The Ministry of Foreign Affairs on Wednesday announced that Rwanda is committed to fully re-establishing normal ties with South Africa.
The announcement followed recent media reports that the normalisation of ties between both countries had hit a deadlock.
In March 2018, during an extraordinary summit of the African Union in Kigali, President Paul Kagame and his South African counterpart Cyril Ramaphosa committed to the normalisation of relations between the two countries.
According to a statement released Wednesday by the Ministry of Foreign Affairs, there are attempts to derail the course of restoring bilateral ties, including unfounded allegations made against Rwanda in public statements and the media, based on rumours and distortions propagated by Rwandan detractors based in Canada and South Africa.
The allegations are mainly published in media platforms associated with Rwandan detractors, government says.
"Bilateral relations between states cannot be contingent to suggested negotiations with subversive and criminal movements led by individuals who have either been convicted of, or are wanted for, criminal activities," reads part of the statement.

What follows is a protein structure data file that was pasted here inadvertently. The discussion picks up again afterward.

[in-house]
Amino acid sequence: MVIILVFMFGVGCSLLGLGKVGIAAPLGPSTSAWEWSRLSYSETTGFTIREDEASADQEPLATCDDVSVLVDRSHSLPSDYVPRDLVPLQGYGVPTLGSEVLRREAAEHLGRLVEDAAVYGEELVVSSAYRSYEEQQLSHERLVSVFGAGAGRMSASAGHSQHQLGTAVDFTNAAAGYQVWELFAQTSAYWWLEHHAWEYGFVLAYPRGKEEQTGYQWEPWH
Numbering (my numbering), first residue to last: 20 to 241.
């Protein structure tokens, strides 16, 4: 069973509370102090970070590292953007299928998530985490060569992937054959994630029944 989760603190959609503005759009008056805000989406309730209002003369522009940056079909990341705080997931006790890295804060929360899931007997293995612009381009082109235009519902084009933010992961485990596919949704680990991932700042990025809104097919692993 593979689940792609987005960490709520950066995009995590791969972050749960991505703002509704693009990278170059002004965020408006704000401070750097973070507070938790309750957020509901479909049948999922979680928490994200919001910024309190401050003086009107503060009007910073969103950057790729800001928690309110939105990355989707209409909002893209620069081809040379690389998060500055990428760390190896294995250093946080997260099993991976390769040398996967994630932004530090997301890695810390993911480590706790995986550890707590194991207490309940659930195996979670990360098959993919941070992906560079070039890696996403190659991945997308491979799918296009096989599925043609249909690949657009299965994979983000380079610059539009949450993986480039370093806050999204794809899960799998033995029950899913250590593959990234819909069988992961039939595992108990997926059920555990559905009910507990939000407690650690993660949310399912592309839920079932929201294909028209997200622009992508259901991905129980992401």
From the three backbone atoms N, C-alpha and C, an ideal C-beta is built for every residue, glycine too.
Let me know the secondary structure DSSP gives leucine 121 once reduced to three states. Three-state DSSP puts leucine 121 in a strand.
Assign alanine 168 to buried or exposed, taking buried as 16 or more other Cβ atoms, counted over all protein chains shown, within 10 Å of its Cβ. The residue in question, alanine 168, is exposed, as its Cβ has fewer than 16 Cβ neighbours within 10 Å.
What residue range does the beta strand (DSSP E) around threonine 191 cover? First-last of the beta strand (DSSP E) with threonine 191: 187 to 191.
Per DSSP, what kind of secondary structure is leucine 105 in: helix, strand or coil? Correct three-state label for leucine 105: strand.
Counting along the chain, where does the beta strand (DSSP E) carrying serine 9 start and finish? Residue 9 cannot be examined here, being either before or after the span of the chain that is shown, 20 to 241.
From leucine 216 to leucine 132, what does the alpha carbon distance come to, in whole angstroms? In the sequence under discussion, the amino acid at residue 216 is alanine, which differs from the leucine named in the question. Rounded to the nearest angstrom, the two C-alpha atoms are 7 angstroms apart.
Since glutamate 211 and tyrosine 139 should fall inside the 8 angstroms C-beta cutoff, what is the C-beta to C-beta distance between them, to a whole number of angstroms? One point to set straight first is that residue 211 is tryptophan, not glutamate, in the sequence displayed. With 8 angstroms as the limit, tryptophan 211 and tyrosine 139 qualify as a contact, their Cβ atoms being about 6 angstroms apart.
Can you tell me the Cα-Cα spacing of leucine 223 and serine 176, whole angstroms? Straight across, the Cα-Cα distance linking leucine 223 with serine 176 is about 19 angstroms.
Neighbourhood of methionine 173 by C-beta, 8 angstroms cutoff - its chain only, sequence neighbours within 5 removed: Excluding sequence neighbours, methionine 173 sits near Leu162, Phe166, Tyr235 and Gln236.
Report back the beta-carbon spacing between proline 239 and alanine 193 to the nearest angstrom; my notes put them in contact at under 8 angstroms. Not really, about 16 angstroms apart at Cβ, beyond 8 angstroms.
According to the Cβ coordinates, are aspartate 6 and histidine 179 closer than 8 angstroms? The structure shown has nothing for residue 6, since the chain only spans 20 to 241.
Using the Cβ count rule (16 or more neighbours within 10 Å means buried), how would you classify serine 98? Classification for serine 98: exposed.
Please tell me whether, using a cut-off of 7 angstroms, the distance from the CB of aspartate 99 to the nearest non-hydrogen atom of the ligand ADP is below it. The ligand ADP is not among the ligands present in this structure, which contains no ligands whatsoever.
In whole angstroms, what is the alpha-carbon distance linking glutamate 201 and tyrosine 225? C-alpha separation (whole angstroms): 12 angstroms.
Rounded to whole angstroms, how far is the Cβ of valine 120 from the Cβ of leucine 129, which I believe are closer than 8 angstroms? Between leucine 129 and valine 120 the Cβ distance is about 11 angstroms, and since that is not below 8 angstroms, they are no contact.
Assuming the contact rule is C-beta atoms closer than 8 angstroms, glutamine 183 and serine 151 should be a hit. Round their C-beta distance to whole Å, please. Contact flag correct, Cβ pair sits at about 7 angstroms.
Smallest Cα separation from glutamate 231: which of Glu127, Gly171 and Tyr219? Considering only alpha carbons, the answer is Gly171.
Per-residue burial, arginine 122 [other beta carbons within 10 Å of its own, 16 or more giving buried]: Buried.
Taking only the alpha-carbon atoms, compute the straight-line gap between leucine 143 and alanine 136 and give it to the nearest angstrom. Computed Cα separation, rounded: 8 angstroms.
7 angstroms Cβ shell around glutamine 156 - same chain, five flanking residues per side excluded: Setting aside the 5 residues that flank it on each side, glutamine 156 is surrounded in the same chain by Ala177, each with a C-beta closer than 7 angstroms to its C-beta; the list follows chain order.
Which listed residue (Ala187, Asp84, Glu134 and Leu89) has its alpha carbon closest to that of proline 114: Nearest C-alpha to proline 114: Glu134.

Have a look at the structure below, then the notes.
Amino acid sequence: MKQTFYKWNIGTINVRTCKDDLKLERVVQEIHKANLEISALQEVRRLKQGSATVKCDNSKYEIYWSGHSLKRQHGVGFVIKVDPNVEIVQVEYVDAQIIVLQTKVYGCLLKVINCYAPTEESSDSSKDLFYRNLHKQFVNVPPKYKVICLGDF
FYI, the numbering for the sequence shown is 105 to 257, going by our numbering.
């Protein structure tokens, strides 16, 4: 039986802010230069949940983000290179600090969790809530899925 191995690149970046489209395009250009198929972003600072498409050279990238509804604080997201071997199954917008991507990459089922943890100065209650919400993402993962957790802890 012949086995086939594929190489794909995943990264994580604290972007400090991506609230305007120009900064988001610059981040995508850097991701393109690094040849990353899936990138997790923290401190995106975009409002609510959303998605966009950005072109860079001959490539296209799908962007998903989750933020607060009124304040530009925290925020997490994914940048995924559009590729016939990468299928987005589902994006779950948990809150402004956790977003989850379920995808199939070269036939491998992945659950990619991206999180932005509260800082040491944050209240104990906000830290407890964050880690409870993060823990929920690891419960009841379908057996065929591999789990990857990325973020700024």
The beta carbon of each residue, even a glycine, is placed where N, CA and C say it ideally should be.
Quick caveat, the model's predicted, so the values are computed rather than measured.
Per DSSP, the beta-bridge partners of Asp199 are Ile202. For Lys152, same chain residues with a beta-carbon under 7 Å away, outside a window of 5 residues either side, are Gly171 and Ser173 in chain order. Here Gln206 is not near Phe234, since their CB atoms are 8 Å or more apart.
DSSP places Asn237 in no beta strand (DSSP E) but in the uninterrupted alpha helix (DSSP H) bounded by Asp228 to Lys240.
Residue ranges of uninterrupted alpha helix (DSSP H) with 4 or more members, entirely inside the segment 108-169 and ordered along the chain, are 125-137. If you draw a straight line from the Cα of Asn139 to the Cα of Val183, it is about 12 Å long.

"The Rwandan Ministry of Foreign Affairs and International Cooperation has communicated, through diplomatic channels, serious concerns about consistent attempts to delay or derail the course of normalisation.
It is a cause for concern that the South African Department of International Relations and Cooperation chooses to believe these groups over the assurances provided by the Government of Rwanda," the statement adds.
Rwanda also objected to the repeated summons of the Rwandan High Commissioner in South Africa, Vincent Karega.
The statement noted: "Rwanda, through the Ministry of Foreign Affairs and International Cooperation, reiterates its willingness to continue working with the Government of South Africa on the rapid normalisation of relations through normal diplomatic channels, as agreed by the Heads of State of our respective countries."